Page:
Paperwork for Public-School Teachers Shredded by New California Law
California Governor Edmund G. Brown, Jr., recently signed a law designed to cut paperwork for public-school teachers and administrators by as much as 50 percent.
Senate Bill 222, written by a committee formed by the United Teachers of Los Angeles (UTLA) and sponsored by State Senator Paul Carpenter, requires the state department of education to provide new, simplified forms for information required by the state and federal governments.
The forms are to be designed to avoid redundancy and the reporting of what the bill's authors feel are unnecessarily arcane or useless pieces of information.
"Sitting in front of me, for example," said William S. Lambert, director of governmental relations for UTLA, "are beaucoup forms that have to be filled out by special-education teachers. There are 35 forms that require all kinds of redundant information. We think these 35 can be reduced to two. Speech and hearing teachers told me they spent about 50 percent of their time trying to keep up with paperwork."
He added that the 50-percent figure is an informal one, arrived at through observation of the amount of paperwork required. The state has not been able to estimate accurately how much money the new program might save.
Under the new law, the only forms teachers will have to fill out are those provided by the state department of education. Any form not bearing the California seal can be ignored. The law includes a provision that allows a school district to set up temporary paperwork committees if the state form is not appropriate. The law requires that the state of California incur no added cost as a result of its passage. The authors of the law say the new forms can be drafted by staff members of the state education department.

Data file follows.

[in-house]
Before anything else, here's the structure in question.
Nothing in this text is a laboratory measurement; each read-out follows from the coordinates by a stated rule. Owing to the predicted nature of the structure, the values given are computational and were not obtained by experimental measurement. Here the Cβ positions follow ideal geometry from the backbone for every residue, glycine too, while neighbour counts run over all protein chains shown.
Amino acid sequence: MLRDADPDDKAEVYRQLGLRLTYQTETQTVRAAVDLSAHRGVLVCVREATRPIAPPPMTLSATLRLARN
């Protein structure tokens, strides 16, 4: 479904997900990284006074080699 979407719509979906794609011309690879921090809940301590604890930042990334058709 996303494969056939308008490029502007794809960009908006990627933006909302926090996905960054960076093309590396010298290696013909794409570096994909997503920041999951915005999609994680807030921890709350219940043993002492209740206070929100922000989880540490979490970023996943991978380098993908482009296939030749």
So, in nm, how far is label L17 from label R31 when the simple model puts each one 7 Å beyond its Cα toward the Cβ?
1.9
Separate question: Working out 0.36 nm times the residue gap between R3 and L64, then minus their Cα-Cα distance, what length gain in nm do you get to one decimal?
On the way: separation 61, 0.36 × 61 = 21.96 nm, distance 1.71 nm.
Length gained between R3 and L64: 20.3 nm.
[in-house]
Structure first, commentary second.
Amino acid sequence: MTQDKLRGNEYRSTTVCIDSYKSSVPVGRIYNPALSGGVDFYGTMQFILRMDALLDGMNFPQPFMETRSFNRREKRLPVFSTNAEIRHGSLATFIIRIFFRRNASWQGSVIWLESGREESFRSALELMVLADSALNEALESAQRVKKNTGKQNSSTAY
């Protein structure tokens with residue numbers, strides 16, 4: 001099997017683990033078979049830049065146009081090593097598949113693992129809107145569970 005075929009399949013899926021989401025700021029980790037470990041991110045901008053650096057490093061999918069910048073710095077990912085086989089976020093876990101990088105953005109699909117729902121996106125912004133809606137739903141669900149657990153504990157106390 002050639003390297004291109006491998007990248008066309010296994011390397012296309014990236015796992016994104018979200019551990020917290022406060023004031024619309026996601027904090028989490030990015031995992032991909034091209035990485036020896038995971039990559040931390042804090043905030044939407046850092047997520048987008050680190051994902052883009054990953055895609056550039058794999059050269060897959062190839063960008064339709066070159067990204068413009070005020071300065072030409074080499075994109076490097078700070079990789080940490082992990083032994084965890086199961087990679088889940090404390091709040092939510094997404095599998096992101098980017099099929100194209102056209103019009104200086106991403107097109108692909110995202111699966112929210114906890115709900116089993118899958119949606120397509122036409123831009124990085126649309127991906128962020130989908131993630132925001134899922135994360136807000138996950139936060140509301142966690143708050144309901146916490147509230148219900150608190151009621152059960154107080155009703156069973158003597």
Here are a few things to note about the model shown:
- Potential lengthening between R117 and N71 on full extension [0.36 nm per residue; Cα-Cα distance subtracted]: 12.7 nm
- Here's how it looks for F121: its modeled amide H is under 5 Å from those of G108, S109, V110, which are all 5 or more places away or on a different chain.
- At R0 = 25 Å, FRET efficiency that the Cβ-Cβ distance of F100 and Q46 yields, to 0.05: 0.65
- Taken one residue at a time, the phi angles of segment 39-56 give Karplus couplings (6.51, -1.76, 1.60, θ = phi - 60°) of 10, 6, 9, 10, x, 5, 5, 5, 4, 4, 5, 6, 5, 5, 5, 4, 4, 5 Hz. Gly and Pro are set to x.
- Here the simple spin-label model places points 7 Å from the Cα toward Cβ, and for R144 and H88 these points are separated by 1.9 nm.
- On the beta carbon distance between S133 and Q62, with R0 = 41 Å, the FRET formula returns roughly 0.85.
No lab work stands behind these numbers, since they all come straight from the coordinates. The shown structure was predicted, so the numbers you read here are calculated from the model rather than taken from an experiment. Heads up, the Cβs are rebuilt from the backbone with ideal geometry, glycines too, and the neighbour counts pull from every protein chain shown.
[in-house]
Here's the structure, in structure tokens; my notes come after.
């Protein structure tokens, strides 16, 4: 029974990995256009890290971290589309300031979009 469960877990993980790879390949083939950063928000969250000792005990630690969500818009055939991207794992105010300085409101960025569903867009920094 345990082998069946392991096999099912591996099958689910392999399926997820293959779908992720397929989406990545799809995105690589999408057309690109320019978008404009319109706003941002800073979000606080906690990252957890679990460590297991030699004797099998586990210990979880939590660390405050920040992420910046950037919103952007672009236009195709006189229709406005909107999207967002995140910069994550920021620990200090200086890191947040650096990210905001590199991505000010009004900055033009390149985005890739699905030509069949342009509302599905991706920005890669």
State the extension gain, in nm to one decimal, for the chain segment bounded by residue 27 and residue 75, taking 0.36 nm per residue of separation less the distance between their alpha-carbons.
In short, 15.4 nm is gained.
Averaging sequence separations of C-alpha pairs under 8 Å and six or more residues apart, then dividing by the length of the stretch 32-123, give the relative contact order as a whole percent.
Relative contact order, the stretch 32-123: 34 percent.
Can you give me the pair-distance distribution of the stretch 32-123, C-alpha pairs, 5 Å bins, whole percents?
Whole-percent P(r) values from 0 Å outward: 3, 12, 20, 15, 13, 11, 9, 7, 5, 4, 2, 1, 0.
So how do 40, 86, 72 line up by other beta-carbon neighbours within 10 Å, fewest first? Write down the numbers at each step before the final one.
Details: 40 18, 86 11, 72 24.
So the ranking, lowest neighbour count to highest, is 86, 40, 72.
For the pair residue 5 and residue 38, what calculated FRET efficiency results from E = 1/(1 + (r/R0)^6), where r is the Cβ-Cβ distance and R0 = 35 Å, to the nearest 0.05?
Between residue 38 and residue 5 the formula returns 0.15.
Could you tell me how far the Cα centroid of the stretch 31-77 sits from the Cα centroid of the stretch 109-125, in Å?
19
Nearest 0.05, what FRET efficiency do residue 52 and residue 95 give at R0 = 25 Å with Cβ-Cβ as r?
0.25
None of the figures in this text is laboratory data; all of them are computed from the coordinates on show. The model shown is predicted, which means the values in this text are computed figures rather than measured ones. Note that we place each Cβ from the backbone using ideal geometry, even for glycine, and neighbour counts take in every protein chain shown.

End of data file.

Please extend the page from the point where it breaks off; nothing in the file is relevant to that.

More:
The bill's authors also hope it will eliminate the need for staff in individual school districts to handle state and federal paperwork. "Lots of districts hired personnel to deal with the paperwork," Mr. Lambert said.
"One school district in San Diego County violently opposed the bill, saying, 'well, we have a person who handles those forms.' On the list I'm looking at, I see 186 forms people in that district have to fill out. I'd say 185 of them are redundant," he explained.
The bill was developed by a task force of UTLA members at the request of the legislature. According to Mr. Lambert, California is the first state to pass such a law.
Vol. 01, Issue 03, Page 4